Students Examine Contemporary Central America
By John Grennan
Central America’s civil wars ended in the early 1990s, but Saint Mary’s students who traveled to Nicaragua and El Salvador during Jan Term found that psychological wounds linger and poverty still plagues the region.
"There’s something wrong with economic conditions in Central America and there’s something wrong with U.S. involvement in Central America, and we encourage you to learn more," said senior John Stratton, one of 15 students in Margaret Dick and Michael Barram’s "Nicaragua and El Salvador: Religion and Politics in Conflict" travel course.
In a Feb. 19 presentation at the Soda Center, students shared stories about working in Nicaraguan coffee fields and meeting people living at the La Chureca dump outside Managua. In El Salvador, they heard chilling first-hand accounts from individuals directly affected by the violence that engulfed the country from 1980 to 1992, when more than 75,000 people were killed.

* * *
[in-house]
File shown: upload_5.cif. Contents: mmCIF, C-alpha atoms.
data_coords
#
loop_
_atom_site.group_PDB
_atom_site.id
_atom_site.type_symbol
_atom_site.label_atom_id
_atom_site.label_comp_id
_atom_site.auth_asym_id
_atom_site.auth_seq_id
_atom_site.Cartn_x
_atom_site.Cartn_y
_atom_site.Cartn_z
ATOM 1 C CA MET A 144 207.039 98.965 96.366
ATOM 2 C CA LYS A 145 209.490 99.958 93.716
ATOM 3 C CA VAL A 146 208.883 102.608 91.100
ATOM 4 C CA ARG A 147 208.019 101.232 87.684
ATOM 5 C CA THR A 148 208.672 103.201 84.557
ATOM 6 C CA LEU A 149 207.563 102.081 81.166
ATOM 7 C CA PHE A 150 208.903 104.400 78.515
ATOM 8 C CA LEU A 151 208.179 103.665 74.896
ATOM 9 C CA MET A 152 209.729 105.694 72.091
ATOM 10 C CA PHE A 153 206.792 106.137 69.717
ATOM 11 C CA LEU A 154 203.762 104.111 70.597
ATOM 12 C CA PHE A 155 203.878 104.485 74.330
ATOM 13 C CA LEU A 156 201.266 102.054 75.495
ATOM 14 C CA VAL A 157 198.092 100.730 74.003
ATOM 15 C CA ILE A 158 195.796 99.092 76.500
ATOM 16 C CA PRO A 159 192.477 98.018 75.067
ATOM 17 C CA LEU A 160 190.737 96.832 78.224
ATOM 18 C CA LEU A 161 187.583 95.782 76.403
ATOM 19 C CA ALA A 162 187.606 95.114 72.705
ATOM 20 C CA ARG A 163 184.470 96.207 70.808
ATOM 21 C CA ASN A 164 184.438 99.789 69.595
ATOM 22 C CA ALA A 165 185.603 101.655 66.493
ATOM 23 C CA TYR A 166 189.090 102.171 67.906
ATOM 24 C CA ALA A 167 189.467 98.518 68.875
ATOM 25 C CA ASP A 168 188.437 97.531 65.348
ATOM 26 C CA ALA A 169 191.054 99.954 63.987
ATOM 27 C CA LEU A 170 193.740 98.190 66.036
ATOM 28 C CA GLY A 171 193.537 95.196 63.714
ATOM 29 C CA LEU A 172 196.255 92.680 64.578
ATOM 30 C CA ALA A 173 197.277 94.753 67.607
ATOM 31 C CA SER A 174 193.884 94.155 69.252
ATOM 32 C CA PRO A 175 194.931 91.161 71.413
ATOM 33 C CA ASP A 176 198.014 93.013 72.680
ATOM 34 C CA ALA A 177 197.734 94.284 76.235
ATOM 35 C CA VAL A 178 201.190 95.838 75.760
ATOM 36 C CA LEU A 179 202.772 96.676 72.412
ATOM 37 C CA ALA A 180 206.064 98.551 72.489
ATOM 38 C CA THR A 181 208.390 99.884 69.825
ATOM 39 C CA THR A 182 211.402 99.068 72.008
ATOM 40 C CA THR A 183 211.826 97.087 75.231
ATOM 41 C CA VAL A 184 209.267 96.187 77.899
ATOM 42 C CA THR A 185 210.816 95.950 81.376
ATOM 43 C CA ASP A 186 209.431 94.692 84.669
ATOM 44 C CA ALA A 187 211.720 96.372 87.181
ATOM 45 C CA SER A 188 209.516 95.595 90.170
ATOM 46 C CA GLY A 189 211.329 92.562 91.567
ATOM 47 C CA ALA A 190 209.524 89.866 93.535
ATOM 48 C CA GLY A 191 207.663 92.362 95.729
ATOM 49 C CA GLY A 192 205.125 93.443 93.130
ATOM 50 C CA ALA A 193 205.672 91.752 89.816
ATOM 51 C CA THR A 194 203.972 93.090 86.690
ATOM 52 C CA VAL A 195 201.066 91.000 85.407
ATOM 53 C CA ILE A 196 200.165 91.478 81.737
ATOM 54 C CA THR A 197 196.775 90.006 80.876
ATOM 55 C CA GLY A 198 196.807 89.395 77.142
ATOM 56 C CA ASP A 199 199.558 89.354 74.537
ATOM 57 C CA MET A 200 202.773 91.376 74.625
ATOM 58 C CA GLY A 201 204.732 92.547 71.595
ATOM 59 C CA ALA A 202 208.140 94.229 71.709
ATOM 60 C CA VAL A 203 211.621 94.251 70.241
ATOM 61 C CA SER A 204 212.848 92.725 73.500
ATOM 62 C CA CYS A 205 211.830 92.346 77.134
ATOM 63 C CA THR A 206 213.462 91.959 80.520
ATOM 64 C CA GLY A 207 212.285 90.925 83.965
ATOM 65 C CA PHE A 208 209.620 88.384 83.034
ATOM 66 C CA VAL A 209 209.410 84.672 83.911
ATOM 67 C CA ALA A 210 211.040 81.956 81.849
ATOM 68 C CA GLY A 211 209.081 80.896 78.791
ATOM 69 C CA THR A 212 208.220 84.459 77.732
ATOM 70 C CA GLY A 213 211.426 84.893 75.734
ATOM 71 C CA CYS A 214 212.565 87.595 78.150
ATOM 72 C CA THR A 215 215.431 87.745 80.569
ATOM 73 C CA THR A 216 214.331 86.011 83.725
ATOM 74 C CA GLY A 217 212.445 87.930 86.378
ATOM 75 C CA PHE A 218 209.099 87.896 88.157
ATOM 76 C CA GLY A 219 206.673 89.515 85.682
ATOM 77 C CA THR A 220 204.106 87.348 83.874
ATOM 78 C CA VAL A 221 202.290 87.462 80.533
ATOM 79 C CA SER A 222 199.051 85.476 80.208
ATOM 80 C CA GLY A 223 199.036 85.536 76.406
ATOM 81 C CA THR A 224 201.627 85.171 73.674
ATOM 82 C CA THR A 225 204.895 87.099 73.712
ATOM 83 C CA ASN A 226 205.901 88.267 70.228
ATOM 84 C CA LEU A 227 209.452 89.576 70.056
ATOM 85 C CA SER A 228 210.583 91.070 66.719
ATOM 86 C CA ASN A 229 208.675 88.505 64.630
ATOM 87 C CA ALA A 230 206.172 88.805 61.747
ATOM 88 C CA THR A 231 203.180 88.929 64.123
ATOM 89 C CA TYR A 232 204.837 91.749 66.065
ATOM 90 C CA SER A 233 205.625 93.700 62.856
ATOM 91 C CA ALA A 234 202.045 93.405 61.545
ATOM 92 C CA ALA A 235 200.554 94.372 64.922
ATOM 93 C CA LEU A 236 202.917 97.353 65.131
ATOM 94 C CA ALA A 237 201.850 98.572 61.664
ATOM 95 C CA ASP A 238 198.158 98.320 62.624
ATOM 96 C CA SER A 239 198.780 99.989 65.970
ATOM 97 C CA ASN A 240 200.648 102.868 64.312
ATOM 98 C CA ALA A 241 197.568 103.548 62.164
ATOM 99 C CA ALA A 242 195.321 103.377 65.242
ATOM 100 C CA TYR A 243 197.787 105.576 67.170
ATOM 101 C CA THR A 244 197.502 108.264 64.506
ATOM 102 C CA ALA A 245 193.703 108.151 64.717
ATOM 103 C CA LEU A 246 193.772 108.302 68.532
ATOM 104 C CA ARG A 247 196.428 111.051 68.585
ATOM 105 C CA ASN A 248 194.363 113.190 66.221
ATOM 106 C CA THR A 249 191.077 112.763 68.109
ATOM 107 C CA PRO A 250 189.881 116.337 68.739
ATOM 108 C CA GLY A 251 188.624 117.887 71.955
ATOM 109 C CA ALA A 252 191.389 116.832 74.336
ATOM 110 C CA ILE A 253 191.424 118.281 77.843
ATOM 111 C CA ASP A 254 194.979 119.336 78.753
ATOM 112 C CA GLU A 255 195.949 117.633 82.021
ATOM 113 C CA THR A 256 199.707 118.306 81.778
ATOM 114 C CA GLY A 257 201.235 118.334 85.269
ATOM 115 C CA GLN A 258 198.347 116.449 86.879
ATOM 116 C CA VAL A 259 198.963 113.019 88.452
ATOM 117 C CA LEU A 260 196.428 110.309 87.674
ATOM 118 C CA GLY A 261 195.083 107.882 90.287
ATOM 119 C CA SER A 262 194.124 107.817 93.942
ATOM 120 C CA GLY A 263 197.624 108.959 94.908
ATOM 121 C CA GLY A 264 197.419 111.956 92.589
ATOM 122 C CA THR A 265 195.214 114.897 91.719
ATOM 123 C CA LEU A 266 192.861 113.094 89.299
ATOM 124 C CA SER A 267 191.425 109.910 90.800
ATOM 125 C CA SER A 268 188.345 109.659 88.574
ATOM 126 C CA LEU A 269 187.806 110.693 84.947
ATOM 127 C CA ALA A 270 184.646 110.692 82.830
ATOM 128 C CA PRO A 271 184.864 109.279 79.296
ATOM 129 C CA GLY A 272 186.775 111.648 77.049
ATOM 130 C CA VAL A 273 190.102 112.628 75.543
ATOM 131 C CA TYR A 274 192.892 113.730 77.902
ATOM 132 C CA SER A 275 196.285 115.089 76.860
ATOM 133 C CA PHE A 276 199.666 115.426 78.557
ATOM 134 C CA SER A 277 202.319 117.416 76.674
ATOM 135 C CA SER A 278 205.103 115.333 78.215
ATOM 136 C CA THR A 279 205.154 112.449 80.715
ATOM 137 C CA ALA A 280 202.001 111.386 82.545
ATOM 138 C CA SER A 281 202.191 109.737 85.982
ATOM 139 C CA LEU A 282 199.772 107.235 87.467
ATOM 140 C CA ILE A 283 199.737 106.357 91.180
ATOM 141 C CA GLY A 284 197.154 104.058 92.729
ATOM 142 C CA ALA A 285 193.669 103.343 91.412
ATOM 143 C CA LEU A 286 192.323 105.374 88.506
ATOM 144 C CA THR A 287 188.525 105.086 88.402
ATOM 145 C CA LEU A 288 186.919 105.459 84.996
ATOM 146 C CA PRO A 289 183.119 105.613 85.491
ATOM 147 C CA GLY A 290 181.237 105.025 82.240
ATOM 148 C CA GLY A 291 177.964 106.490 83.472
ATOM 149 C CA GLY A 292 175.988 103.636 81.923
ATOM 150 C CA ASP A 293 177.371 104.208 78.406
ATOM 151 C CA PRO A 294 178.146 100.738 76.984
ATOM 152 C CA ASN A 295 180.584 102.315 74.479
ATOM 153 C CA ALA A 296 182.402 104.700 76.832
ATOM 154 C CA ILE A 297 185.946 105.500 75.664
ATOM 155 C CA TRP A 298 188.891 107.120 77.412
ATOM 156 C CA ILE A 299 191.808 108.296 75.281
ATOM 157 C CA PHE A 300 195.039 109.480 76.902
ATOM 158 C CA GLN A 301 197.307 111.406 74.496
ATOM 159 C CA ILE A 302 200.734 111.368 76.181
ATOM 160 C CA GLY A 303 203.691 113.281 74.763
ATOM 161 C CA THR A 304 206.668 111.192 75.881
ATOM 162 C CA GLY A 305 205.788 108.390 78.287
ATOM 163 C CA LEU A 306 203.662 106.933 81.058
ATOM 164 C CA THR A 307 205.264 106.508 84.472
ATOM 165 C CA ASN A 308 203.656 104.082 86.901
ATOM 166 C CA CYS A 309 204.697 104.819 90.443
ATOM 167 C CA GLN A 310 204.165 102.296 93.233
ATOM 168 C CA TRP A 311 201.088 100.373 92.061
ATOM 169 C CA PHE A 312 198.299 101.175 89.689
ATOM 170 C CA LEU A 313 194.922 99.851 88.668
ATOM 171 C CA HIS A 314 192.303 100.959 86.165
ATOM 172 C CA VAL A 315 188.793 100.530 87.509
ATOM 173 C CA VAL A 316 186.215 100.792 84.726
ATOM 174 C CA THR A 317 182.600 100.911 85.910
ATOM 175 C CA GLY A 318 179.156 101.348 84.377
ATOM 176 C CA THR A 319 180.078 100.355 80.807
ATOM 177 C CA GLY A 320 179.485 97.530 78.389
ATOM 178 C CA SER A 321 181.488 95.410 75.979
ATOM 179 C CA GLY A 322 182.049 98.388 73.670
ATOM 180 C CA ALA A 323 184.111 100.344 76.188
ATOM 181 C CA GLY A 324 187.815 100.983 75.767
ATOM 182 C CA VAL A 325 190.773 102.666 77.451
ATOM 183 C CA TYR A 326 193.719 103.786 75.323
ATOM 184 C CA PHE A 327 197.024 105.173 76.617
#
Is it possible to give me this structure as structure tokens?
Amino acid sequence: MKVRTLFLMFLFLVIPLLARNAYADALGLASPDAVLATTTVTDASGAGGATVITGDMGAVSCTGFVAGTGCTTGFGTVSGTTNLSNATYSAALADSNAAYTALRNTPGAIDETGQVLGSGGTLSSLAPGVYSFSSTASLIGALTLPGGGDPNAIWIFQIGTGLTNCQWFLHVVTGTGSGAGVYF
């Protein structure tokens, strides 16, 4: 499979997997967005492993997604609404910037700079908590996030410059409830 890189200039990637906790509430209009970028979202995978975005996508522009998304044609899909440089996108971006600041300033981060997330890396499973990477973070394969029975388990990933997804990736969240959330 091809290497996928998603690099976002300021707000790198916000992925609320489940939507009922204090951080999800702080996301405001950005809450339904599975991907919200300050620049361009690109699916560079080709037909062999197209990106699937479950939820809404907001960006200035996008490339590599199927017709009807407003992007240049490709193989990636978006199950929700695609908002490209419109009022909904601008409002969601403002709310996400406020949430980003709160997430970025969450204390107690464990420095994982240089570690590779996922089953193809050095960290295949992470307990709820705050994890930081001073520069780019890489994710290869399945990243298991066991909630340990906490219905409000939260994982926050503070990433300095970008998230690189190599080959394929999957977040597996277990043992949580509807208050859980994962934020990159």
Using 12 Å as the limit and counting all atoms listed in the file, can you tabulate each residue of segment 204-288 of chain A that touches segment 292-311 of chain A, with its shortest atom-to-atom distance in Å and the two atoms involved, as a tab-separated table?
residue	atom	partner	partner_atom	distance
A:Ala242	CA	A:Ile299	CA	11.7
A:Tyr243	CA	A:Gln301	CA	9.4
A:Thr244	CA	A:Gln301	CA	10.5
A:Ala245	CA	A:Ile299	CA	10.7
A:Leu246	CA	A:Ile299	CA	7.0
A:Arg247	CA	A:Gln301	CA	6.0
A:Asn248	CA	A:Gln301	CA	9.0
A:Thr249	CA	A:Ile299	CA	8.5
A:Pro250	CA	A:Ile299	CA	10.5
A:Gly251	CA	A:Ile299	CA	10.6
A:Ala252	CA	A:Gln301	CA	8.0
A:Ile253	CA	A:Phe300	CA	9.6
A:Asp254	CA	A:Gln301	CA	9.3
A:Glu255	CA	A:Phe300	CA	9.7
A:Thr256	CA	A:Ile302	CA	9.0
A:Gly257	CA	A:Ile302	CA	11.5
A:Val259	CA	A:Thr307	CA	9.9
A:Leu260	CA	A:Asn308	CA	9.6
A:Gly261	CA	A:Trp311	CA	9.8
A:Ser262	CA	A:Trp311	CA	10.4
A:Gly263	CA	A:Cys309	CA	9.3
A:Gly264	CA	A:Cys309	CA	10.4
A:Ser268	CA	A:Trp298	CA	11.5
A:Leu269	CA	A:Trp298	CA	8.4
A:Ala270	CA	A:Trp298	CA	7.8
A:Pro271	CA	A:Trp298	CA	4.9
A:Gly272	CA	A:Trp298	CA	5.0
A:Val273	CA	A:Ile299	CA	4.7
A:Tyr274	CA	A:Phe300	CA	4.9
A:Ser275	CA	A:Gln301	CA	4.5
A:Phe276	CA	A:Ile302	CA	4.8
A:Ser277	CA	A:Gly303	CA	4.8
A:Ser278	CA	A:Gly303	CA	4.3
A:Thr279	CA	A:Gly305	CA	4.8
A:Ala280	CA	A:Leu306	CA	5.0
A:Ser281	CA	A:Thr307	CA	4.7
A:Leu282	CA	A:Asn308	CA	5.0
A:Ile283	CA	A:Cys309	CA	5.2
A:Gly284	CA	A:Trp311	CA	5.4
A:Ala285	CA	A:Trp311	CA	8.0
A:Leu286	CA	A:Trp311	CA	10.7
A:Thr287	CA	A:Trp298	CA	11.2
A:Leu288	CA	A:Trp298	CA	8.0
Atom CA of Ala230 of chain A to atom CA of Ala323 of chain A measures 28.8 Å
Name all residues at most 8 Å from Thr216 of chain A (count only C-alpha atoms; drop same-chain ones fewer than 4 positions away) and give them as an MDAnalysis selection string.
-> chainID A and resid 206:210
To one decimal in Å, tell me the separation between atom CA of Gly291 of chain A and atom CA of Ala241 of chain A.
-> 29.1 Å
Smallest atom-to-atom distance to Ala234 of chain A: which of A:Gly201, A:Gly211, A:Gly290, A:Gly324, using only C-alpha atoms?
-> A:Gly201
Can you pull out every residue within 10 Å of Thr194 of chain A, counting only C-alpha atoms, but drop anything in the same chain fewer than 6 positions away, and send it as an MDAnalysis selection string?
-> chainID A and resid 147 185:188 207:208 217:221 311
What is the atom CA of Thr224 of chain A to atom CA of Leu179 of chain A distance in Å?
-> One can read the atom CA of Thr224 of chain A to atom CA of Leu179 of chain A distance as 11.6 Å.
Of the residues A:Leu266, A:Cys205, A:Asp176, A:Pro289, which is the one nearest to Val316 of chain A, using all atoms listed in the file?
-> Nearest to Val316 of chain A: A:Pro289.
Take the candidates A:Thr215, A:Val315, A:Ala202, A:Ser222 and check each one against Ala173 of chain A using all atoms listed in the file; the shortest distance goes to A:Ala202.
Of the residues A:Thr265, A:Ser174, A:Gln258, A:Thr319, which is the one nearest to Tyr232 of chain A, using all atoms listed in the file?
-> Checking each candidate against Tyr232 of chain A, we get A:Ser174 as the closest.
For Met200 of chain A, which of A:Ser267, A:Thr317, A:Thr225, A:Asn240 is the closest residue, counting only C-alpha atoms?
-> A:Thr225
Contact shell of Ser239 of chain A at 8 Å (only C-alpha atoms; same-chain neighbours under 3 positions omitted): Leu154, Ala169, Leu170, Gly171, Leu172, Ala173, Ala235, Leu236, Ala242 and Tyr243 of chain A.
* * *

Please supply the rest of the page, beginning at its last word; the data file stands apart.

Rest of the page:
Senior Ian McQueary talked about his Salvadoran host, Lolo, a survivor of a 1980s village massacre in which more than 750 people were killed. Lolo and members of his family escaped after hiding in a cave for days.
Sophomore Tim Huey noted that many Salvadoran military leaders who directed the country’s mass killings in the 1980s were trained at the U.S. military’s School of the Americas in Fort Benning, Ga.
Students said Salvadorans want Americans to know what happened in their country and to prevent future violence in the region.
"They asked us to tell their story and to do our part to close the School of the Americas," McQueary said.